Iraq’s south has been mostly calm, but once again, this has nothing to do with the “surge.” The U.S. has few forces in the region, and the British have been driven out of Basra. They are currently bunkered down in an airport. Underneath the apparent calm is tension between rival Shi’ite factions, in particular al-Sadr’s Mahdi Army and the Supreme Islamic Iraqi Council’s (SIIC) Badr Brigade. Sadr’s forces generally represent the bulk of the Shi’ite masses. The SIIC has fewer followers but much more money than the Badr Brigade and, more importantly, the support of the U.S. Army.
Following a major shoot-out in August between the Mahdi Army and the Badr Brigade in Karbala, Sadr and SIIC head Abdul Aziz al-Hakim signed a cease-fire. For Sadr, the truce has more to do with avoiding a fight with the SIIC while the latter can call on the U.S. to back it up than with any sudden conversion to the “surge." Speaking in a mosque on Dec. 7, al-Sadr told the Americans, “Get out of our land. We don’t need you or your armies, the armies of darkness; not your planes, tanks, policies, meddling, democracy, fake freedom.”
The recent car bombings in the southern provincial capital, Amarah, were not the work of al-Qaeda which has no presence in the largely Shi’ite south but a sign of growing tension between rival Shi’ite groups. At stake is regional control over Iraq’s oil revenues and control of the country’s only port, Basra.
With the recent cross-border attack by Turkey, as well as growing internal tensions in the region, the peace in the north has all the stability of a powder magazine. Iraq’s north has been a place of relative calm since the invasion because it is controlled by the powerful Kurdish militia, the peshmerga. But violence is on the increase, in part because insurgents driven out of Baghdad have moved north. For example, attacks in Mosul during November jumped from 80 to 106 a week.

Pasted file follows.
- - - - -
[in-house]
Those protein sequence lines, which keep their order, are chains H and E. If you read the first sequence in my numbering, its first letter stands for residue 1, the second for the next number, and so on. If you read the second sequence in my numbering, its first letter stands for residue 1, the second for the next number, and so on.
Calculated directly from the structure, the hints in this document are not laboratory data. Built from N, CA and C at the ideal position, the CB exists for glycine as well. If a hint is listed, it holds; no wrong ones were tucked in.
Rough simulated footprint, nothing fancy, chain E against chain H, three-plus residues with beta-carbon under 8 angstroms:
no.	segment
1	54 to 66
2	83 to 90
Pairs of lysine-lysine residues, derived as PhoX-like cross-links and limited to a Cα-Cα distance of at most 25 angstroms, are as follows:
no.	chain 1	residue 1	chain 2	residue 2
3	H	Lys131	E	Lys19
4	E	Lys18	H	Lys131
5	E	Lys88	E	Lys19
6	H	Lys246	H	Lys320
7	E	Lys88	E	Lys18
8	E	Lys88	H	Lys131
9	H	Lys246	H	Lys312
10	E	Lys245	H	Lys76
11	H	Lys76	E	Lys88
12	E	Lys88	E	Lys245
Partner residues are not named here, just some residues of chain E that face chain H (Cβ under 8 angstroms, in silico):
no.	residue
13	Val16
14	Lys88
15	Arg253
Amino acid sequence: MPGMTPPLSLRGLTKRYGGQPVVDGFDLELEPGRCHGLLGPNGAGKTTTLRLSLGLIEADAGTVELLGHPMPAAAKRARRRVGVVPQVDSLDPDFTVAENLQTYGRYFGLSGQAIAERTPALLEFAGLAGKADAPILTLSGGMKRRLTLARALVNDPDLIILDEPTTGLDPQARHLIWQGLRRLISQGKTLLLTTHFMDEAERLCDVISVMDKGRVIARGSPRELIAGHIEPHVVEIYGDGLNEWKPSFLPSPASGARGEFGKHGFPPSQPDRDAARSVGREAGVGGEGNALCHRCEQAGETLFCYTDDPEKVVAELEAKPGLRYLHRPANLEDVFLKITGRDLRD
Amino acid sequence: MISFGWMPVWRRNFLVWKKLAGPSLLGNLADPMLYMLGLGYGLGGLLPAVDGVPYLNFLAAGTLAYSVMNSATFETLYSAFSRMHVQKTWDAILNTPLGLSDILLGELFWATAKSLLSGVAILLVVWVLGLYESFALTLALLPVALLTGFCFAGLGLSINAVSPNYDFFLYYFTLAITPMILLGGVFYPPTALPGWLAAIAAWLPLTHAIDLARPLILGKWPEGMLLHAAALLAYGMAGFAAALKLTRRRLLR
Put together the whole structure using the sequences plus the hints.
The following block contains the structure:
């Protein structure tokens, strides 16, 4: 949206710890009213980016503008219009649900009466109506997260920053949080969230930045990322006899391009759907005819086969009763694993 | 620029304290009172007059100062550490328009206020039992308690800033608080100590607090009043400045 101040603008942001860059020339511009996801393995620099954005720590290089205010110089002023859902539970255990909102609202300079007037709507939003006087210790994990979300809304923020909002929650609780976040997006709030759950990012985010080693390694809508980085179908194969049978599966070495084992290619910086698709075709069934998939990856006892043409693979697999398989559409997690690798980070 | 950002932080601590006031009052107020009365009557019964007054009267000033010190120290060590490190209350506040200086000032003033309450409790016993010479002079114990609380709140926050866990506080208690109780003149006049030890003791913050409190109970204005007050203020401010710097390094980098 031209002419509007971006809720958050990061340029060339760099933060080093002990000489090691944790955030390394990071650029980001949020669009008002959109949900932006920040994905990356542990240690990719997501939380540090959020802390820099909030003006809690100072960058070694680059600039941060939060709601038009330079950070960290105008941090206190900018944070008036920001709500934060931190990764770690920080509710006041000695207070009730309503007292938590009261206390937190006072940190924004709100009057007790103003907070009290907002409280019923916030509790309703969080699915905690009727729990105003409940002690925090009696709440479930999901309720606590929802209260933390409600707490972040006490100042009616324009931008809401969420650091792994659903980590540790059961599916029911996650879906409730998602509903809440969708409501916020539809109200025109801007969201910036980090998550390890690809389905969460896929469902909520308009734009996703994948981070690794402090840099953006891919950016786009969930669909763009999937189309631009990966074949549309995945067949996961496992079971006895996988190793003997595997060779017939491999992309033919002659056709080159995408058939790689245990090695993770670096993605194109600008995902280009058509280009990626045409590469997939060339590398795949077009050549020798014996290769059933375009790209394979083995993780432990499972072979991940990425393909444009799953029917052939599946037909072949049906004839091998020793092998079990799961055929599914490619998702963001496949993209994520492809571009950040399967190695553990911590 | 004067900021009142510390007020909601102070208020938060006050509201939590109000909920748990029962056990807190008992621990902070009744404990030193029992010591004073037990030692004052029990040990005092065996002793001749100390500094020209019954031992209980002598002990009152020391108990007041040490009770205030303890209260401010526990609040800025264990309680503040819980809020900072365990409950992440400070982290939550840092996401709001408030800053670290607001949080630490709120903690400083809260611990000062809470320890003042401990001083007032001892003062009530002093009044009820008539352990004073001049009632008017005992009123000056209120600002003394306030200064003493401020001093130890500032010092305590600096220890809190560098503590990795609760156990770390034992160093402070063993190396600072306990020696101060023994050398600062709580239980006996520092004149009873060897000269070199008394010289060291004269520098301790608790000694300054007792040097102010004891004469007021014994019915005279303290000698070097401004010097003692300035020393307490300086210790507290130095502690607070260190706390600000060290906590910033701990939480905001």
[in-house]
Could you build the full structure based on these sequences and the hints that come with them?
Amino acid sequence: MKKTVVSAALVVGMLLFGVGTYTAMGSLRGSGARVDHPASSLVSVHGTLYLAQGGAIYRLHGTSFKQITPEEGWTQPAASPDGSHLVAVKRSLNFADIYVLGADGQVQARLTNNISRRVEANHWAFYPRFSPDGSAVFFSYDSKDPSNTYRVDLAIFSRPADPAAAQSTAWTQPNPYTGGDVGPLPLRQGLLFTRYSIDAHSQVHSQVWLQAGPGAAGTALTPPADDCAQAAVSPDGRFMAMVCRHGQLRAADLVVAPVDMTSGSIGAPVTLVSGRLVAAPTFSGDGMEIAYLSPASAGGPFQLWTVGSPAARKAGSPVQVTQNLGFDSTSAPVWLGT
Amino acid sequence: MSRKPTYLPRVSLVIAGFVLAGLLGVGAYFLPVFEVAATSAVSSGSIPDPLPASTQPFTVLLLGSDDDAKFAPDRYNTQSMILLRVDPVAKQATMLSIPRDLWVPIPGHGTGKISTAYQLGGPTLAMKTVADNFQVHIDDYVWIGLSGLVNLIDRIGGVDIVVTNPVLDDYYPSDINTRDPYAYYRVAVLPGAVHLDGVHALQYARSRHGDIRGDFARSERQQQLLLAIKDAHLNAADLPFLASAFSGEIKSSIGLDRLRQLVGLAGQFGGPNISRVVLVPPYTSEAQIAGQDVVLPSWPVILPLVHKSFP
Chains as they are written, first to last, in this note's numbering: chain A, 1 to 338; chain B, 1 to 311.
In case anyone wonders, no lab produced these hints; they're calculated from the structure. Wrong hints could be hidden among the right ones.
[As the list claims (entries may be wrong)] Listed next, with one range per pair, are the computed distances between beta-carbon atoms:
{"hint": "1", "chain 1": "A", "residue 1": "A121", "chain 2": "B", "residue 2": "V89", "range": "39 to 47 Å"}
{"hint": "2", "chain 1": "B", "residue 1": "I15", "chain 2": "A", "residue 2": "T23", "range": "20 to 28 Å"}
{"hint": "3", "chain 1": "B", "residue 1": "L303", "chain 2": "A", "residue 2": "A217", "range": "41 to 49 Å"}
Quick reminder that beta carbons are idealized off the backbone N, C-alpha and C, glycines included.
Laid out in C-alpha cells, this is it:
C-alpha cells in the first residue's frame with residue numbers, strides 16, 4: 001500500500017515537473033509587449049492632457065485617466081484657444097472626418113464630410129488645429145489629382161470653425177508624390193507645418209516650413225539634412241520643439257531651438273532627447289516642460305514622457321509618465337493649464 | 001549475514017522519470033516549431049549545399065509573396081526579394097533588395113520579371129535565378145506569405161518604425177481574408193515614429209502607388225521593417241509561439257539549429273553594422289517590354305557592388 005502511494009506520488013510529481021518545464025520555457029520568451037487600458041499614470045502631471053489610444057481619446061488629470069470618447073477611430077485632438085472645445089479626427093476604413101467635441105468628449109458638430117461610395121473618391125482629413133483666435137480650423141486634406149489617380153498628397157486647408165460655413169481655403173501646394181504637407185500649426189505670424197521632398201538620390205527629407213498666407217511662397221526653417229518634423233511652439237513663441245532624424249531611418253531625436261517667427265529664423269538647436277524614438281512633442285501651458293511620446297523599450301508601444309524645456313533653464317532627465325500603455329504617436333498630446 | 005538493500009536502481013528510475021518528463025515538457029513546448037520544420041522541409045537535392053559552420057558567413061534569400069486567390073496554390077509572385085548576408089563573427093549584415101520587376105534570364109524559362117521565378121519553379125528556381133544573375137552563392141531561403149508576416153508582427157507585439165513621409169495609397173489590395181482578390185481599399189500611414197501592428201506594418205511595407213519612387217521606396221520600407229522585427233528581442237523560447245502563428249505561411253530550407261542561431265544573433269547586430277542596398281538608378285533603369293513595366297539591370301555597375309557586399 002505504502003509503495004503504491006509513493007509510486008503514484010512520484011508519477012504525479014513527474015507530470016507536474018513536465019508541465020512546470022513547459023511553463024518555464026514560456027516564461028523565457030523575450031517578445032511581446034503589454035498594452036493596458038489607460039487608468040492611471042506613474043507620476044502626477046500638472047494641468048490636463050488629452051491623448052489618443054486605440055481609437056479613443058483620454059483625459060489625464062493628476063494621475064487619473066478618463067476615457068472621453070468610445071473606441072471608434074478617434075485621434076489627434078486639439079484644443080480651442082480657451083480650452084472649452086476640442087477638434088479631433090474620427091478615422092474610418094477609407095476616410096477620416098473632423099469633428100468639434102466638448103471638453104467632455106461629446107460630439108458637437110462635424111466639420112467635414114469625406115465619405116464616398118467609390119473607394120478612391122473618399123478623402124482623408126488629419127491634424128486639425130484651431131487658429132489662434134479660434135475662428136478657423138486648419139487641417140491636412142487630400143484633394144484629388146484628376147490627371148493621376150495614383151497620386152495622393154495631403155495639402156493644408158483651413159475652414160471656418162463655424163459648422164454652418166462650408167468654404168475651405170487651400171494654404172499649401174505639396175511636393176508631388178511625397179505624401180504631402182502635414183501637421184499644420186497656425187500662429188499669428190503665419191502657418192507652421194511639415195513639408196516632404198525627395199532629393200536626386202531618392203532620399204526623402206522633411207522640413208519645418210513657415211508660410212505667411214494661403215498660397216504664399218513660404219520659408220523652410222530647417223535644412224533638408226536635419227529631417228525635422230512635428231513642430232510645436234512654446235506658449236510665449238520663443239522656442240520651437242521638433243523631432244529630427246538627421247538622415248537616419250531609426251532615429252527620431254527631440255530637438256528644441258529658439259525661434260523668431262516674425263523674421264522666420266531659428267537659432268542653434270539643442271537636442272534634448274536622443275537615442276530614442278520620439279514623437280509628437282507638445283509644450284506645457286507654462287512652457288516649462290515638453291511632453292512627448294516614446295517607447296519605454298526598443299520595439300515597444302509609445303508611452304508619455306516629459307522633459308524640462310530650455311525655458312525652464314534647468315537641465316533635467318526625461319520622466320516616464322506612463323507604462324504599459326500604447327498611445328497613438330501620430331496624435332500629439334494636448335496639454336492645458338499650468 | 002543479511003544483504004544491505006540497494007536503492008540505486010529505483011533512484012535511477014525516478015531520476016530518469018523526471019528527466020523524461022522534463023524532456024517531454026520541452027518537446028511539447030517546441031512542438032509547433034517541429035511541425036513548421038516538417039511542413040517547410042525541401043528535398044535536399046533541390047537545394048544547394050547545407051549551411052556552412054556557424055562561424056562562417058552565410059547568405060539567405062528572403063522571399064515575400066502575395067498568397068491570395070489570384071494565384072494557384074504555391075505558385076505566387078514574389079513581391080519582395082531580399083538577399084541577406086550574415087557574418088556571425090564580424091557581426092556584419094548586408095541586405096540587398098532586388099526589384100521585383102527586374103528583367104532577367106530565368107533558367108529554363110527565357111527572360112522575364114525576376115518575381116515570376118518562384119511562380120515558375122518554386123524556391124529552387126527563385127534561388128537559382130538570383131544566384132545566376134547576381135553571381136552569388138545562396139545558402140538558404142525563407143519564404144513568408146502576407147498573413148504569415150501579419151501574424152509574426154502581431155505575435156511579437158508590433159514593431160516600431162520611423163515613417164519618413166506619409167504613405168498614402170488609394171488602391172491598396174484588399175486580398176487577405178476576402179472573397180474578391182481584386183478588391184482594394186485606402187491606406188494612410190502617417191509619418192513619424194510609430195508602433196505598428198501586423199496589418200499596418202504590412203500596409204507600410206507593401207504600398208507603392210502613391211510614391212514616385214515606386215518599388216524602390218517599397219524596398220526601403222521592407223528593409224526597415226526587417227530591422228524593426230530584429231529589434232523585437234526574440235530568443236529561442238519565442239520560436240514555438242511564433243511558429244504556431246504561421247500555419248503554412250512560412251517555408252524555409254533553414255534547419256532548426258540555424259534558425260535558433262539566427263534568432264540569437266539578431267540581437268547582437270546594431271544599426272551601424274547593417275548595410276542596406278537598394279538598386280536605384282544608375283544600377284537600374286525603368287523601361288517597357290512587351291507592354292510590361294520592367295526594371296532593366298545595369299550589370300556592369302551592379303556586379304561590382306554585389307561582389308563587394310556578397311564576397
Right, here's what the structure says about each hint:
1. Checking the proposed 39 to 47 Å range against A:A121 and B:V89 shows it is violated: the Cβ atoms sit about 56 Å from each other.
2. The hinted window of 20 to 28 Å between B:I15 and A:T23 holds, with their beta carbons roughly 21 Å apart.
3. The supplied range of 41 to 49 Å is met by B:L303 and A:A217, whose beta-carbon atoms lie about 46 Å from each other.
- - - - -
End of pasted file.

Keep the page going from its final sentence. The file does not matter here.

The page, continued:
The most volatile issue in the north is Kurdish autonomy and a future referendum that will decide who controls the oil-rich city of Kirkuk and the strategic city of Mosul. An autonomous Kurdish region is something most Arab Iraqis and all of Iraq’s neighbors oppose. The Turks, Syrians, and Iranians worry that an autonomous “Kurdistan” will stir up similar moves for autonomy in their countries. And the Baghdad government fears that it will lose the revenues from the northern oil fields.
“We are now funding all the major Iraqi warring parties, the Sunnis, the Shias, and the Kurds,” says former CIA and National Security Agency official Bruce Reidel. “They are happy to take our weapons and our money, but they’ve not necessarily brought into the same strategy as we have.”
While the U.S. will have to begin drawing down troops this coming June, the Bush administration says it intends to remain in Iraq. Last month Bush and Maliki signed an agreement that, according to the Financial Times, “paves the way for a possible long-term U.S. presence in Iraq.”
Certainly the U.S. embassy in Baghdad is being built with that in mind. When finished, the $736 million project will cover 104 acres, with 21 buildings reinforced against bombs and mortars. The huge complex will cost $1.2 billion a year to run.
According to an ABC/BBC/NHK poll, with the exception of the Kurdish north, Iraqis not only oppose the U.S. presence, 57 percent of them support attacks against coalition forces. Even the Maliki government has to tread softly in this area. Speaking to the press last week, Iraqi National Security Adviser Mowaffaq al-Rubaie said, “Permanent forces or bases in Iraq for any foreign forces is a red line that cannot be accepted by any nationalist Iraqi.”
The success of the “surge” is an illusion. “Nothing is resolved in Iraq,” says Cockburn. “Power is wholly fragmented. The Americans will discover, as the British learned to their cost in Basra, that they have few permanent allies in Iraq. It has become a land of warlords in which fragile cease-fires might last for months and might equally collapse tomorrow.”
This originally appeared at Foreign Policy in Focus.